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Egypt’s Tourism in Crisis: Number of Tourists to Drop by 13 Percent

Egypt’s Tourism in Crisis: Number of Tourists to Drop by 13 Percent

People enjoy the beach at the Red Sea resort of Sharm el-Sheikh in the South Sinai governorate, about 550 km (342 miles) south of Cairo, July 12, 2012. Egypt expects to receive more than 12 million tourists by the end of 2012, a 23 percent rise over the previous year, the tourism minister said on July 17, 2012, adding that he did not expect the election of a new Islamist president to stifle the industry. Picture taken July 12. REUTERS/Amr Abdallah Dalsh  (EGYPT - Tags: SOCIETY TRAVEL BUSINESS)
People enjoy the beach at the Red Sea resort of Sharm el-Sheikh in the South Sinai governorate, about 550 km (342 miles) south of Cairo, July 12, 2012. REUTERS/Amr Abdallah Dalsh (EGYPT – Tags: SOCIETY TRAVEL BUSINESS)

By Hend Kortam, Aswat Masriya

Egypt’s tourism minister said Saturday he expects the number of tourists to drop by 13 percent in 2015/2016, compared to the year before, reaching 9 million tourists.

Given the tourism crisis Egypt is facing, Minister Hisham Zaazou said in a Cabinet statement that he expects revenues to fall by 15 percent compared to last year, dropping to $6.2 billion.

Egyptian tourism was slowly inching towards recovery when, on Oct. 31, a charter flight operated by Russian airline Metrojet broke up midair 23 minutes after takeoff from Sharm el-Sheikh airport as it headed to St. Petersburg, killing all 224 passengers and crew on board.

Egypt’s most active militant group in North Sinai, Sinai Province, an affiliate of ISIS, claimed responsibility for downing the plane twice.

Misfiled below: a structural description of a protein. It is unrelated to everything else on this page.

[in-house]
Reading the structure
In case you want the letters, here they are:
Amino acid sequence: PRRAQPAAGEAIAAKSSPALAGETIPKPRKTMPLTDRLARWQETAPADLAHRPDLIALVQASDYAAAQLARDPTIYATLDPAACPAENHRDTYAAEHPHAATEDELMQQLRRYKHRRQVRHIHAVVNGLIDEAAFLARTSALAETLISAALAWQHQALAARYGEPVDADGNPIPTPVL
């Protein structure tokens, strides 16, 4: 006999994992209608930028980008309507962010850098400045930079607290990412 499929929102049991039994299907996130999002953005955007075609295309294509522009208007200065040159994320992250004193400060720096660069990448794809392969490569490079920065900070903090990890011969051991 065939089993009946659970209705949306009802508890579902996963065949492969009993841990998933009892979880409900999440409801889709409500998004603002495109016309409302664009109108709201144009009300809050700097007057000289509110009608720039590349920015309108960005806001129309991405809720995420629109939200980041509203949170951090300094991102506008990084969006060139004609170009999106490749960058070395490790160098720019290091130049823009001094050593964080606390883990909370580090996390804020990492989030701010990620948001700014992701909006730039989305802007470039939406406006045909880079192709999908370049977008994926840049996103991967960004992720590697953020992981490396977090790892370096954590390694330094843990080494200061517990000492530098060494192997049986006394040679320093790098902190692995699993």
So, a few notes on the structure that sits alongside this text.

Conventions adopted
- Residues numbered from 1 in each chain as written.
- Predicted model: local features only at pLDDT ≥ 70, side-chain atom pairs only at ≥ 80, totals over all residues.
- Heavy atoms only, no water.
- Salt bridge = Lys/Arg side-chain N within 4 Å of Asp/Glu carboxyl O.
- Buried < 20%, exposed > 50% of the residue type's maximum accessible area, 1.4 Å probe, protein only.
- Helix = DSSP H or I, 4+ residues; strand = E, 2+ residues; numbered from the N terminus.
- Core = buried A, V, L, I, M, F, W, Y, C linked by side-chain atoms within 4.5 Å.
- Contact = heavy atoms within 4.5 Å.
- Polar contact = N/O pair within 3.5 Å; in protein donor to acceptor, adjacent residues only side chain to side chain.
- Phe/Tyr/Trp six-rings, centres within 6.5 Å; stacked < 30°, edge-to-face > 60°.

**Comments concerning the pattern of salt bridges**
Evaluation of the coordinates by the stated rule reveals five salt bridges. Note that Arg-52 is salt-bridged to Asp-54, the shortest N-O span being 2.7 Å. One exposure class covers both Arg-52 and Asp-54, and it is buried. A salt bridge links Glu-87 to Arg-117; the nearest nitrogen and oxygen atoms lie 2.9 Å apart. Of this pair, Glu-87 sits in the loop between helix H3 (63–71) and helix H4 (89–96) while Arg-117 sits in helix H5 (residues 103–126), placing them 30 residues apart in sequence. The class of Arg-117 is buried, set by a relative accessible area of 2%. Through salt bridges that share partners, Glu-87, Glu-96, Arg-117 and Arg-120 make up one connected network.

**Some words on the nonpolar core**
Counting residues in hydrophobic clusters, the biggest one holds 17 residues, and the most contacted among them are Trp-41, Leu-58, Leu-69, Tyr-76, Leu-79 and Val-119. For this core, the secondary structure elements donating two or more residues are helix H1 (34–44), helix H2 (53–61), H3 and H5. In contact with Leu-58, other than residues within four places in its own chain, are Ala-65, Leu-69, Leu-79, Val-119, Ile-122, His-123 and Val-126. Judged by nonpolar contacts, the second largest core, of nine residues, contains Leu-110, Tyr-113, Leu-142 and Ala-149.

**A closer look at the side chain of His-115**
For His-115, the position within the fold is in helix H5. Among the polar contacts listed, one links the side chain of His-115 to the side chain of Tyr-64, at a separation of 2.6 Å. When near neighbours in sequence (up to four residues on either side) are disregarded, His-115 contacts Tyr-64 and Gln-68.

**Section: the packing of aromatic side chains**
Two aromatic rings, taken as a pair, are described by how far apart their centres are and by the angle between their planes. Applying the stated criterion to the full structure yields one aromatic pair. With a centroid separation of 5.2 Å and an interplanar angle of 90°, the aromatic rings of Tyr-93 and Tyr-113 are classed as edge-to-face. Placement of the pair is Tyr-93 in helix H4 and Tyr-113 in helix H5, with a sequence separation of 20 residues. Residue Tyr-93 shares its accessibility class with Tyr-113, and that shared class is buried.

Last week, the Kremlin announced the completion of its own investigation into the crash, claiming that it was an act of terrorism that brought the plane down as it found traces of “foreign-made explosives.”

Egypt fears that the ramifications of this incident will be bad news for its struggling tourism sector, a vital source of much-needed hard currency.

The incident put Egyptian airport security under scrutiny in the international press.

The UK has halted all flights to and from Sharm el-Sheikh, one of Egypt’s biggest tourist hubs, while Russia has halted all flights to Egypt indefinitely and banned the national carrier EgyptAir from flying to Moscow.

Zaazou said on Nov. 11 that Egypt will lose EGP 2.2 billion ($281 million) monthly if the UK and Russia sustain the flight interruptions to Egypt in the aftermath of the crash.

At the time he also said that the tourism sector relies heavily on Russian and British tourists who constitute 66 percent of visitors to Sharm el Sheikh, while Russian tourists alone account for 52 percent of tourists in Hurgada.

On Nov. 18, Russia said that around 90,000 Russian tourists left Egypt to Russia in the aftermath of the plane crash and that only 2,500 were left, with the last flight scheduled to repatriate Russians planned for Nov. 30.

To deal with the tourism crisis, the Egyptian cabinet agreed to allocate $5 million to support the sector, in a decision earlier this month. The ministry has also launched a massive campaign to promote internal tourism to kick off this week under the slogan “Sharm El-Sheikh in our hearts”.

Last week, Prime Minister Sherif Ismail tasked the tourism minister with contracting a public relations company specialising in international communication to “change the mental image of the tourism sector in Egypt and to limit the sector’s losses,” MENA reported.

Egypt depends on the tourism sector as a main contributor to the country’s GDP and has been engaged in attempts to revive the ailing sector that has been reeling from years of political turmoil.

Following the 2011 January uprising, the influx of tourists declined by 4.8 percent to hit 9.9 percent in 2014, according to the Central Agency for Public Mobilization and Statistics (CAPMAS).

(Additional reporting by Menna Zaki)

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